Grinding experience at Afton

Lovering, J. ; Siewert, P. ; Wilhelm, H.
Organization: Society for Mining, Metallurgy & Exploration
Pages: 5
Publication Date: Jan 1, 1987
Introduction The Afton property is located 290 km (180 miles) by air east-northeast from Vancouver and 14 km (8.7 miles) west of Kamloops, a city of 60,000 people, in south central British Columbia, Canada. The mine is adjacent to the Trans-Canada Highway at an elevation of 670 m (2198 ft) above sea level. The ore body is a porphyry copper deposit that has undergone supergene alteration. The major economic minerals in the supergene zone are native copper and chalcocite with chalcopyrite and bornite in the hypergene areas. The grade is 1% with an overall copper distribution - 70% native, 25% chalcocite, and 5% chalcopyrite with bornite and covellite. The ore also contains important but variable amounts of gold and silver. The mill was designed to treat 6350 t/d (7000 stpd). Semiautogenous grinding was selected to minimize capital cost and because of the expected high clay content of the ore, which would have caused problems in a conventional crushing and screening plant. Test work indicated that a recovery of 87% was possible in a circuit incorporating both flotation and gravity separation. Flowsheet Run-of-mine ore is crushed in a 1.06 x 1.65-m (3.5 x 5.4-ft) Allis Chalmers gyratory crusher set at 228.6 mm (9 in.), closed side setting. The surge pocket, below the crusher, is emptied by a Hydrastroke feeder onto number one conveyor, which discharges onto a 180,000-t (198,416-st) coarse ore stockpile. Six Hydrastroke feeders on two conveyors withdraw the crushed material from the bottom of the pile. These two conveyors, in turn, discharge onto the belt feeding the semiautogenous mill. The live storage in the stockpile is approximately 22,000 t (24,250 st), sufficient for three days' mill feed. Primary grinding is accomplished in an 8.5-m (28-ft) diam by 3.7-m (12-ft) long Koppers (Hardinge Cascade) mill (Fig. 1) containing a 10% ball charge and driven by a 4000-kW dc variable speed motor. The mill dis¬charge is pumped by a 10 x 12 G.I.W. pump to a 1.22 x 4.88-m (4 x 16-ft) stationary screen sloped at 20°. Screen oversize returns to the semiautogenous mill (SAM), and the undersize flows by gravity to the ball mill discharge pump box. Secondary grinding is performed in a 5-m (16.4-ft) diam by 8.84-m (29-ft) Koppers overflow ball mill driven by a 3430-kW synchronous motor through an air clutch. The mill is in closed circuit with a Krebs Cyclopac containing 10 635-mm (25-in.) cyclones and the cyclone overflow, at 35% solids and 65% to 70% -200 mesh, is flotation feed. In order to limit the buildup of native copper, circulating in the secondary grinding circuit, a portion of the underflow from the cyclones is processed in a circuit containing screens, cyclones, and shaking tables to produce a finished metallic copper concentrate. Primary mill variable speed drive The overall waste to ore ratio at Afton was 4.5:1. The mining was to be done with only three shovels, which meant that it was highly unlikely that more than one of them would be in ore at any one time. The resulting inability to blend the mill feed made it impossible to prevent wide swings in the grade and grindability. The variable speed do drive motor installed on the semiautogenous mill was selected because of the extreme variability of the Afton ore body. This variability has persisted throughout the lifetime of the mine. There are times, however, when due to ore conditions, the mill is operated at full speed (78% of critical) for extended periods of several shifts duration. There are other times when the mill speed may be changed several times in a 12-hour shift due to changing ore conditions. When ore is processed that contains a fairly large proportion of fine native copper, the primary mill speed and, consequently, the tonnage may be reduced to improve the secondary grind and to maintain an acceptable grind and recovery. High clay ores require less mill speed and more dilute grinding densities. In the latter case, the slower primary mill speed also helps to minimize damage to the mill liners. Approximately 57% of the time the mill operates between 90% and 100% of full speed or between 71% and 78% of critical. The variable speed is also used for inching during mill relines.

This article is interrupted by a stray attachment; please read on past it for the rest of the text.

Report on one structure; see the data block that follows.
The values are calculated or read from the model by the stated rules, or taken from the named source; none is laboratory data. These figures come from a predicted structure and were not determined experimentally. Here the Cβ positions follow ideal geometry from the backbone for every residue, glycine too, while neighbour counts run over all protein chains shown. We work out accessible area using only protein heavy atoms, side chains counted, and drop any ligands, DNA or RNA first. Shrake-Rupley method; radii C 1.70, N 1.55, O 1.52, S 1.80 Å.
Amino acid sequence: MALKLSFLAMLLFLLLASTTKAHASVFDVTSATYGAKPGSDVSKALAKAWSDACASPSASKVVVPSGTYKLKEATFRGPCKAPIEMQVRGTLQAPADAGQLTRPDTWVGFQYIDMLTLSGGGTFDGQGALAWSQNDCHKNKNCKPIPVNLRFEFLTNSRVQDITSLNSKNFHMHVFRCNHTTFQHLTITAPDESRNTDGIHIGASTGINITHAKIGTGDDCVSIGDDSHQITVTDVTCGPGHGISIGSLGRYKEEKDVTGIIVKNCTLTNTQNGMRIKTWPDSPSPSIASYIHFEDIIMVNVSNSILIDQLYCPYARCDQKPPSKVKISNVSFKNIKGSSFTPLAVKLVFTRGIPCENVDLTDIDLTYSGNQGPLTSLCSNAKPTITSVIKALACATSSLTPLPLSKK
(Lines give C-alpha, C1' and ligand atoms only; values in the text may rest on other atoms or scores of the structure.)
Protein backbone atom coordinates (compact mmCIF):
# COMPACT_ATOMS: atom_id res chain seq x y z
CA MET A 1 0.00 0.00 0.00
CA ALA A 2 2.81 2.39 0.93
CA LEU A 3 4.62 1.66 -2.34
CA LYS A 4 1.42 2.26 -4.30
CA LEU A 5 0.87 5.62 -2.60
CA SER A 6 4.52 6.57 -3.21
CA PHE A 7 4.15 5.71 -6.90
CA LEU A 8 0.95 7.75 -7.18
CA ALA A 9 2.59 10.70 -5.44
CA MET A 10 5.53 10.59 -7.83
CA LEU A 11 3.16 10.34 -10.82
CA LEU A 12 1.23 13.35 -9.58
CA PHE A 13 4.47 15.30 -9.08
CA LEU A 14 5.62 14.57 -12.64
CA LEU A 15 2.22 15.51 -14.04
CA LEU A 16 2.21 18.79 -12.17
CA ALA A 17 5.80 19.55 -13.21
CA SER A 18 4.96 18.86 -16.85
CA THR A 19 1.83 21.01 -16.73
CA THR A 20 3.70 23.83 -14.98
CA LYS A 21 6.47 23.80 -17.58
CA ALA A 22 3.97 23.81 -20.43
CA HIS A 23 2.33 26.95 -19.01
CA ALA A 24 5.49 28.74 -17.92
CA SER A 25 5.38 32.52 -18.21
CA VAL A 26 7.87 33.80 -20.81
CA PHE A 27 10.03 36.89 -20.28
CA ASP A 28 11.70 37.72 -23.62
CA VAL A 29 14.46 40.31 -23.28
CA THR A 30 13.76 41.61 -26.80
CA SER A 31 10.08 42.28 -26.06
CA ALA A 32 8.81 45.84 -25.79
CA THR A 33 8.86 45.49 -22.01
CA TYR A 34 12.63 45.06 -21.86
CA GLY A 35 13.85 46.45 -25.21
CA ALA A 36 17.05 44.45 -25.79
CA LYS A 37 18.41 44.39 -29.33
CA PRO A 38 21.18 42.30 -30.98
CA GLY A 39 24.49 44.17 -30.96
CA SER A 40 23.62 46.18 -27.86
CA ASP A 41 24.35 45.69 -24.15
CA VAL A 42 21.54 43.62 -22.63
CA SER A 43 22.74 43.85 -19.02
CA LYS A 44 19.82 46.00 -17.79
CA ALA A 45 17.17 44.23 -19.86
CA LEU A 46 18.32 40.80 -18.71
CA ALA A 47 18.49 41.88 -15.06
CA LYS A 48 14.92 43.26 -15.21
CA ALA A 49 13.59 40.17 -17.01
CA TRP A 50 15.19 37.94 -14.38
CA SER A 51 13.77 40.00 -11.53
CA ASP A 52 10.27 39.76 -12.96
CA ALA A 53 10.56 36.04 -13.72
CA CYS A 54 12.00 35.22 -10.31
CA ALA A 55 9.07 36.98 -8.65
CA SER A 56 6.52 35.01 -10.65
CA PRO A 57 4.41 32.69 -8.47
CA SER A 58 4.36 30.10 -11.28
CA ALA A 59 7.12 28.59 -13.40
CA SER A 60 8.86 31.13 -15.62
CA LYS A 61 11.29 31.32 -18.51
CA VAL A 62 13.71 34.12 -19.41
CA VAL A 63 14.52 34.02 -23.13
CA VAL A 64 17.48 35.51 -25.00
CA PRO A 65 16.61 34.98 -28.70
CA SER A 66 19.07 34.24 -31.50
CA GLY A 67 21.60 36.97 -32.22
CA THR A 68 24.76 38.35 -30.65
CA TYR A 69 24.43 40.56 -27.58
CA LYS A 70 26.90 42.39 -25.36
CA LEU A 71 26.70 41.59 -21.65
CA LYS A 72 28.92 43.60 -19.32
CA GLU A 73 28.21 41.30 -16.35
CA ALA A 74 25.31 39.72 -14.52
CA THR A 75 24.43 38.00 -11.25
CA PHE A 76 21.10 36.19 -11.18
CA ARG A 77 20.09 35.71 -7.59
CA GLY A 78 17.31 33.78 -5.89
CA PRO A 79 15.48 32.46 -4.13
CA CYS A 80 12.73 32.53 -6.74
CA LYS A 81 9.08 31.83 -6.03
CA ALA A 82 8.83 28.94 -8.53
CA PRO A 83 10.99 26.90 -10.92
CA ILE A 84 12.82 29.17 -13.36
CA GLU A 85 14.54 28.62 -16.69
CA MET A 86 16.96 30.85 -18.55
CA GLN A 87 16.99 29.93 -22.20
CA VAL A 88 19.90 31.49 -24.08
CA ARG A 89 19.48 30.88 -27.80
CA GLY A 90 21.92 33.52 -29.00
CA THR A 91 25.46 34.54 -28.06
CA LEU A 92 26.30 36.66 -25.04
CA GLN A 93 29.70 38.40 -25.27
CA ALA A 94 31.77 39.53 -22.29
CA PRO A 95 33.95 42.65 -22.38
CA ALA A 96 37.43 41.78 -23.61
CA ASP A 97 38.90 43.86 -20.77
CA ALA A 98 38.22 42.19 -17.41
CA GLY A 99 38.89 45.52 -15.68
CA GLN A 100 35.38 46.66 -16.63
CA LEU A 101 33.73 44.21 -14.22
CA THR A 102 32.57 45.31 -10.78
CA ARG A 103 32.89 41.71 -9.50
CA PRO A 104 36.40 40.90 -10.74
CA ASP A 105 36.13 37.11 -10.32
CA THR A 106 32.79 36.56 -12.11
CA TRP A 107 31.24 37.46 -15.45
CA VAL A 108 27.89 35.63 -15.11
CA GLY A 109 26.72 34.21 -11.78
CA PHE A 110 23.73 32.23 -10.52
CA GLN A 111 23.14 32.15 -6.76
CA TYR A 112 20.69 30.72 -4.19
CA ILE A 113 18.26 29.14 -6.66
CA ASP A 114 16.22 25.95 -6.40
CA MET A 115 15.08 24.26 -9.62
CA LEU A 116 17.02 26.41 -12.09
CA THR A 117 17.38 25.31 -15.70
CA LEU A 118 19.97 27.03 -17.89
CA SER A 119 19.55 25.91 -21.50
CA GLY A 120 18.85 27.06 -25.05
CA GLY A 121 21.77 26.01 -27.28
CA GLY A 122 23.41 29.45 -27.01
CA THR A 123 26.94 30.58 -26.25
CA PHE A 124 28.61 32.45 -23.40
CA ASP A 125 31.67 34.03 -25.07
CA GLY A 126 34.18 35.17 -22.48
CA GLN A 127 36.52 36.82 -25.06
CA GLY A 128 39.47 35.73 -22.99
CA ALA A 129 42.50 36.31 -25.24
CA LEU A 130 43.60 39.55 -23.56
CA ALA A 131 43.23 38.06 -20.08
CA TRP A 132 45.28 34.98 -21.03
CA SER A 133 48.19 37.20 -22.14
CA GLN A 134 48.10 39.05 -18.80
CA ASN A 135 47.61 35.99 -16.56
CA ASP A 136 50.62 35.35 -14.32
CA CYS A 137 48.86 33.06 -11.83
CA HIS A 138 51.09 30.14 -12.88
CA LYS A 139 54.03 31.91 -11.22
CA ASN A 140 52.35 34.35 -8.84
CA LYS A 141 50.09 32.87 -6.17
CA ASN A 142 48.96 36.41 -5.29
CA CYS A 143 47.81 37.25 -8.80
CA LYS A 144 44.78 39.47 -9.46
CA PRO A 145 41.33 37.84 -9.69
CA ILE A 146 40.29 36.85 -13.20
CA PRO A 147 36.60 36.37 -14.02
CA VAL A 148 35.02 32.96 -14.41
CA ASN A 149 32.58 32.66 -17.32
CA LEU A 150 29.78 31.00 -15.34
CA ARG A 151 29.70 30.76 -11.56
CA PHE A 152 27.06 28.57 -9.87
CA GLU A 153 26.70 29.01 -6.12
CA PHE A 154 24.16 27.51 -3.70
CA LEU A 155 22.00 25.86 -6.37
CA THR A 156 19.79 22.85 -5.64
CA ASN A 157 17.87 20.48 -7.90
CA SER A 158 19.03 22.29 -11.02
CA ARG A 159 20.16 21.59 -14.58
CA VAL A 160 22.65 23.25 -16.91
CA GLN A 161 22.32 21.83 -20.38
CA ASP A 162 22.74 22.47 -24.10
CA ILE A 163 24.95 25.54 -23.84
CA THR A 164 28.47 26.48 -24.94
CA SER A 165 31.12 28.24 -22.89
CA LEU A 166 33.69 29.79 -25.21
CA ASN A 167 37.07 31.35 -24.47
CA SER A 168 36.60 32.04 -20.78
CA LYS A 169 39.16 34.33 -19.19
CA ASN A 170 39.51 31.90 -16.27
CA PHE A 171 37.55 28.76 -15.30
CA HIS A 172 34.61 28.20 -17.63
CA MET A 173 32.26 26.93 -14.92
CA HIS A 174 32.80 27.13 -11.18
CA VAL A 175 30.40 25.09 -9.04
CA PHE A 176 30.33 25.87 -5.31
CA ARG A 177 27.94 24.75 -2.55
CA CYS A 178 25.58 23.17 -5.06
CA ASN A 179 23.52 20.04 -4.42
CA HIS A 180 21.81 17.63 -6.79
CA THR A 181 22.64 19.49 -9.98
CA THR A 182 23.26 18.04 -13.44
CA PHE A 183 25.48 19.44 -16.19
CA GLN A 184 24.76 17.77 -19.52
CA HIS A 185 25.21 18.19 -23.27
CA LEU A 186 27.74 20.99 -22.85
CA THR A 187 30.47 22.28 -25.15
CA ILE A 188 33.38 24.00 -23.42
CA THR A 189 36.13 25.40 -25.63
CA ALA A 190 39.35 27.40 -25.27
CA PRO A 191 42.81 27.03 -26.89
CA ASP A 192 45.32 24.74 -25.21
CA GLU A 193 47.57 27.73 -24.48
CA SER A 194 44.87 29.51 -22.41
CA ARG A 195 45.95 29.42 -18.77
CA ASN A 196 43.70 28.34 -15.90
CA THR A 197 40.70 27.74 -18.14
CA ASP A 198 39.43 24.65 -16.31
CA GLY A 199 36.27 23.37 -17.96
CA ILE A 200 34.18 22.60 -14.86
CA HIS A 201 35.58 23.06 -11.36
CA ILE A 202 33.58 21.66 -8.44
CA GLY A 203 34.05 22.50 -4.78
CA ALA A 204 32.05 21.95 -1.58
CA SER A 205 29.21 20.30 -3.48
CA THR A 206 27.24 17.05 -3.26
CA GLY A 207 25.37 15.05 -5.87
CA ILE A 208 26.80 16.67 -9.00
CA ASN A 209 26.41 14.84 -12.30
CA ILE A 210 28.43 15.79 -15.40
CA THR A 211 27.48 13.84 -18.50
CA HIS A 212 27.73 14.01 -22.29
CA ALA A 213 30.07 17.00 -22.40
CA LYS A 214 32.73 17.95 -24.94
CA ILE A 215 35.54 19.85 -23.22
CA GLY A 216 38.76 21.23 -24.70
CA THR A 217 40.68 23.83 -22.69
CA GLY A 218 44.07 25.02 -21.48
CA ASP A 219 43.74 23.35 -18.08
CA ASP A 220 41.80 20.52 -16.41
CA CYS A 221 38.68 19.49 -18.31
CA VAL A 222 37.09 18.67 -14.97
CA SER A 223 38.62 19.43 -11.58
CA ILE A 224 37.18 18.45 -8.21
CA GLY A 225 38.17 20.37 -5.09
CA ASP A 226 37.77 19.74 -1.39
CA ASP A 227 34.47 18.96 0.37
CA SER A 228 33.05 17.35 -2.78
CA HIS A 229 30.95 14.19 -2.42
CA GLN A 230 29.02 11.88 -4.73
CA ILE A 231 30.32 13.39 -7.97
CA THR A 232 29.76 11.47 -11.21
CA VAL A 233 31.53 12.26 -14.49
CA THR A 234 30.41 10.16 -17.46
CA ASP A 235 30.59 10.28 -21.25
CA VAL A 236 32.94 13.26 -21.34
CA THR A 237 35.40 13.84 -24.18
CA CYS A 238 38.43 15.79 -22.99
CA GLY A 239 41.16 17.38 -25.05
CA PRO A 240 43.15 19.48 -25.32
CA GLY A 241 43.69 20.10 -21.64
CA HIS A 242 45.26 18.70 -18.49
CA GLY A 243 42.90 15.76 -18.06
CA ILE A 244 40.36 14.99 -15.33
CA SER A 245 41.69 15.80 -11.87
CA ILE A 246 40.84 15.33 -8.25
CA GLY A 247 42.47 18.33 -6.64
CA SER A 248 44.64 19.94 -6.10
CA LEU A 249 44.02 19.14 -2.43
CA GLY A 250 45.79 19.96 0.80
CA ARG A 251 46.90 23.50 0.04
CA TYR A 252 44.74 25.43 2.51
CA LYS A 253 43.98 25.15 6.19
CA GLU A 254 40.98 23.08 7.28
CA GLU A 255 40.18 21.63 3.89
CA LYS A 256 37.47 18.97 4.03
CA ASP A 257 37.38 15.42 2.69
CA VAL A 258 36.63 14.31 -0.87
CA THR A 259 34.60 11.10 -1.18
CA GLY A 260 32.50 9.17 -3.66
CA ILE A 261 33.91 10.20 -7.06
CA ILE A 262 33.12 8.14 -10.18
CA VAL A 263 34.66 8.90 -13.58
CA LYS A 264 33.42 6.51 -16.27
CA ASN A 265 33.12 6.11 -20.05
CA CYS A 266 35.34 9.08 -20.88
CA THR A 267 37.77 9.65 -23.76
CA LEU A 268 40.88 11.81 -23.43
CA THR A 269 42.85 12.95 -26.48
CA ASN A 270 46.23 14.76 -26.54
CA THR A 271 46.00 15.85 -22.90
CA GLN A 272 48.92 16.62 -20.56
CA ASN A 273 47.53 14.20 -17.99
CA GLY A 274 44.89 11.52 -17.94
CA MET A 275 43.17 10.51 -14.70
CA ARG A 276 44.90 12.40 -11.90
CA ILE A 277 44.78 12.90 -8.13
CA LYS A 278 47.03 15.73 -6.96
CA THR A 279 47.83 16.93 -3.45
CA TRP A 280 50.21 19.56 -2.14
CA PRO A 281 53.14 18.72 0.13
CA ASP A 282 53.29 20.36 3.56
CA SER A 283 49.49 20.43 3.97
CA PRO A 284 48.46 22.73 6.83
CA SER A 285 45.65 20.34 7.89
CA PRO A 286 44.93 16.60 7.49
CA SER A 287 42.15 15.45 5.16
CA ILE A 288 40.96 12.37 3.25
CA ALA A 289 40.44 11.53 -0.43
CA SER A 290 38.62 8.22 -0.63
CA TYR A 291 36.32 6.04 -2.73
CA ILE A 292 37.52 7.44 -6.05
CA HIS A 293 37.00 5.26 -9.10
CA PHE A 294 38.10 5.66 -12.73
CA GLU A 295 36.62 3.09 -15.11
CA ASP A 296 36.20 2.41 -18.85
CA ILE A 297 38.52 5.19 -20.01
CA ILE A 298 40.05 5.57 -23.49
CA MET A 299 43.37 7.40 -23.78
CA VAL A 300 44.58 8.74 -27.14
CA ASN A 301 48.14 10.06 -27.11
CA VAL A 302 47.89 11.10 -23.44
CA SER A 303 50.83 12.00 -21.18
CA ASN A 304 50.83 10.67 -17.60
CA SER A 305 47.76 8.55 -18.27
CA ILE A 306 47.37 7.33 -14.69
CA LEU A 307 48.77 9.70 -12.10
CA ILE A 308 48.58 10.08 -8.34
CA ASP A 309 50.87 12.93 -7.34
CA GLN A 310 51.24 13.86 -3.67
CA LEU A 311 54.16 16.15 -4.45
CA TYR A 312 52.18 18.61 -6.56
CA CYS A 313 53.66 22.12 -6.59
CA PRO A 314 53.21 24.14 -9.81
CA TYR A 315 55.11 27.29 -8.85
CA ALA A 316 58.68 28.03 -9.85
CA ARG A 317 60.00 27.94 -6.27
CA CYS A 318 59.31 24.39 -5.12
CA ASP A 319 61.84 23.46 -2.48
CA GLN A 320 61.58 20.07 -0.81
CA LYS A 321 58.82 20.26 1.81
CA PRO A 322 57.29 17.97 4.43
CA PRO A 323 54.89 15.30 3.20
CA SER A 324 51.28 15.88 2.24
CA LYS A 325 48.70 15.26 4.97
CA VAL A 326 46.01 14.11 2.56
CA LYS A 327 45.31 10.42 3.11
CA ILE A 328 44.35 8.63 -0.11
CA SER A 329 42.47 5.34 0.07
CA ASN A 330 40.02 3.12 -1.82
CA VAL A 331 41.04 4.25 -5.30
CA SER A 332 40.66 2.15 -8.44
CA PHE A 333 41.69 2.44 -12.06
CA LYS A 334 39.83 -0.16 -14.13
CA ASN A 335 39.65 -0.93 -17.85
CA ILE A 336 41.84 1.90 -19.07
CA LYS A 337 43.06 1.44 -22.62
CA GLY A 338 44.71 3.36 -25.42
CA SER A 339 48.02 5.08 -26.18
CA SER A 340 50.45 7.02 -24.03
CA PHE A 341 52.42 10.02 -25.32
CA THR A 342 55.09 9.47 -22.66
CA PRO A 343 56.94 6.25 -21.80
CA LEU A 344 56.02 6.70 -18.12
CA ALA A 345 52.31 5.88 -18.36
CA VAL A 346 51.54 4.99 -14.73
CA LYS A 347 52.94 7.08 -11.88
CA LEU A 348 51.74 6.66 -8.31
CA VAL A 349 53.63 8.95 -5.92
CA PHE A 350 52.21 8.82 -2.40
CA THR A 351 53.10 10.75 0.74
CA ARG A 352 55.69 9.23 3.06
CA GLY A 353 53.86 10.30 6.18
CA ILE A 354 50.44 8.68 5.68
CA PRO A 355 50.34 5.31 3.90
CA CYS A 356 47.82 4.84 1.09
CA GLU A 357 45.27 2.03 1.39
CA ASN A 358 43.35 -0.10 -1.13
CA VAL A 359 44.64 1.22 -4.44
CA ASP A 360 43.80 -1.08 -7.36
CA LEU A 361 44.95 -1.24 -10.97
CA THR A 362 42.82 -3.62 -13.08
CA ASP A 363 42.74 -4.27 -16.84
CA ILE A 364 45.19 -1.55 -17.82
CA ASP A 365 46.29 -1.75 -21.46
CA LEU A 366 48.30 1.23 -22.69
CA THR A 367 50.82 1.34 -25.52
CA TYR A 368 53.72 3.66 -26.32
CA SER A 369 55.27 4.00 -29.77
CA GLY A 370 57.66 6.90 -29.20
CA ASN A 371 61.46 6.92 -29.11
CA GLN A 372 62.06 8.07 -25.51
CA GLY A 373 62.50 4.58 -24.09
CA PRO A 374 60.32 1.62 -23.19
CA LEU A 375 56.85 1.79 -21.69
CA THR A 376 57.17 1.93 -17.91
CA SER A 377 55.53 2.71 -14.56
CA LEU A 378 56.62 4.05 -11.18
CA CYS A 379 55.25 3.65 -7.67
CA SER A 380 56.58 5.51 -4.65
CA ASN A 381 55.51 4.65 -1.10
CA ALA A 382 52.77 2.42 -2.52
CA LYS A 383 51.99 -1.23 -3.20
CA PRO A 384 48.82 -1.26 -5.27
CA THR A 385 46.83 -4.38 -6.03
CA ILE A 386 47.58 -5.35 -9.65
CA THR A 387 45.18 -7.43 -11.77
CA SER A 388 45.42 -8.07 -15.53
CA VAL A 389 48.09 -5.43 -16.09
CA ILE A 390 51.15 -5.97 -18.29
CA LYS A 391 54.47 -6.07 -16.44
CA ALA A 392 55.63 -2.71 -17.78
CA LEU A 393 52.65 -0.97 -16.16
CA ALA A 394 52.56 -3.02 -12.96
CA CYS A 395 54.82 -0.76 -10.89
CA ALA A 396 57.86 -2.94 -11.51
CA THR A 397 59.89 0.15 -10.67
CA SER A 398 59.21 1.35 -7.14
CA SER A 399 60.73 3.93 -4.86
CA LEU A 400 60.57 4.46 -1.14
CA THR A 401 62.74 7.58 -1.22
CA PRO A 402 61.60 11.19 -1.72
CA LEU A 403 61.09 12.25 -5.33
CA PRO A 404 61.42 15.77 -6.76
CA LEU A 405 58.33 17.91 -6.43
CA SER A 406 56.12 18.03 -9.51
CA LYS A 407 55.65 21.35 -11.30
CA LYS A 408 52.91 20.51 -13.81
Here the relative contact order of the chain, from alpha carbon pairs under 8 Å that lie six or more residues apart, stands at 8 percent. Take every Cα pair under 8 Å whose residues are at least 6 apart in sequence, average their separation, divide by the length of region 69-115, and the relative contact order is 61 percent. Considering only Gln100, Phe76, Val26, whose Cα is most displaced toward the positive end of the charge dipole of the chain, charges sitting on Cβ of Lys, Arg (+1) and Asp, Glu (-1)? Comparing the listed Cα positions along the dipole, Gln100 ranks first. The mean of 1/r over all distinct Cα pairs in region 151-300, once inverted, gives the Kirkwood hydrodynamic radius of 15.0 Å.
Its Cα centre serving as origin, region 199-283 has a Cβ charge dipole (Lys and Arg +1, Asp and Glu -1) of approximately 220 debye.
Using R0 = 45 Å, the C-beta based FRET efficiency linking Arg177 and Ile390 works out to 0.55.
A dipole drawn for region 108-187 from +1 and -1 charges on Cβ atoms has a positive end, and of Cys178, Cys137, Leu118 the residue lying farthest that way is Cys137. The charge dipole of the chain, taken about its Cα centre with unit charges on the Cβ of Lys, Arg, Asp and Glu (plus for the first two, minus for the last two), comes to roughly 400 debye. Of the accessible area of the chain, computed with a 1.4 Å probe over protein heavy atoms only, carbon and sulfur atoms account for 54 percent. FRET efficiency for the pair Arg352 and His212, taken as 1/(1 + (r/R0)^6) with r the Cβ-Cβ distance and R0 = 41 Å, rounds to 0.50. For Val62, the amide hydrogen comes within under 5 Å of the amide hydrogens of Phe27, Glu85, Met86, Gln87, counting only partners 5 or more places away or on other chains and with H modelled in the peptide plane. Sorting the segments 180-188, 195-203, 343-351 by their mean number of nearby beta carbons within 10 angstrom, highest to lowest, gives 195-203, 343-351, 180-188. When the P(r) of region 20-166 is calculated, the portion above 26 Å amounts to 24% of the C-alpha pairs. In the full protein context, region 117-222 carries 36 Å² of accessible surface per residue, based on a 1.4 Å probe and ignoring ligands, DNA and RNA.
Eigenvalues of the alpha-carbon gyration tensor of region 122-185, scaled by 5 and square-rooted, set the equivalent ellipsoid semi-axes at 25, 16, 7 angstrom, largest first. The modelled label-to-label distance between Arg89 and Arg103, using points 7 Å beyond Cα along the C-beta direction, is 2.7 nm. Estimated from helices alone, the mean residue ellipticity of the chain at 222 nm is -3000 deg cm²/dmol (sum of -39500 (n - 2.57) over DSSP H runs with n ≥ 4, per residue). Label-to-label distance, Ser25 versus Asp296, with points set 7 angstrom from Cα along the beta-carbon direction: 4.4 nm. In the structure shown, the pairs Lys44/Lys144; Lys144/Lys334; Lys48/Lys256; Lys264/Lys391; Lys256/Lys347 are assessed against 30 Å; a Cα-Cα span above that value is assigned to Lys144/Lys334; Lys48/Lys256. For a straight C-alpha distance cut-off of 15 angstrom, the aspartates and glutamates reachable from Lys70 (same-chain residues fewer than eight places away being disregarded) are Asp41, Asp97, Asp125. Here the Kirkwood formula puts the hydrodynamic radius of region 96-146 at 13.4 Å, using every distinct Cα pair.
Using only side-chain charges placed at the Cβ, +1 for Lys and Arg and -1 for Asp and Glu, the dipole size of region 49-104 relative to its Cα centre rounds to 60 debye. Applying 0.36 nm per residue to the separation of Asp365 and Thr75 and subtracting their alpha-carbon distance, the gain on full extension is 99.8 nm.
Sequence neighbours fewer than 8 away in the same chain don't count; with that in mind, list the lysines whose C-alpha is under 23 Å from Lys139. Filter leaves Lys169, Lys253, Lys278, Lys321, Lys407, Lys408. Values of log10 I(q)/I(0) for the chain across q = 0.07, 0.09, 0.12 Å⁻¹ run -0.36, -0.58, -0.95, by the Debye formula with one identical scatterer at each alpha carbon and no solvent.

Full Article Download:
(588 kb)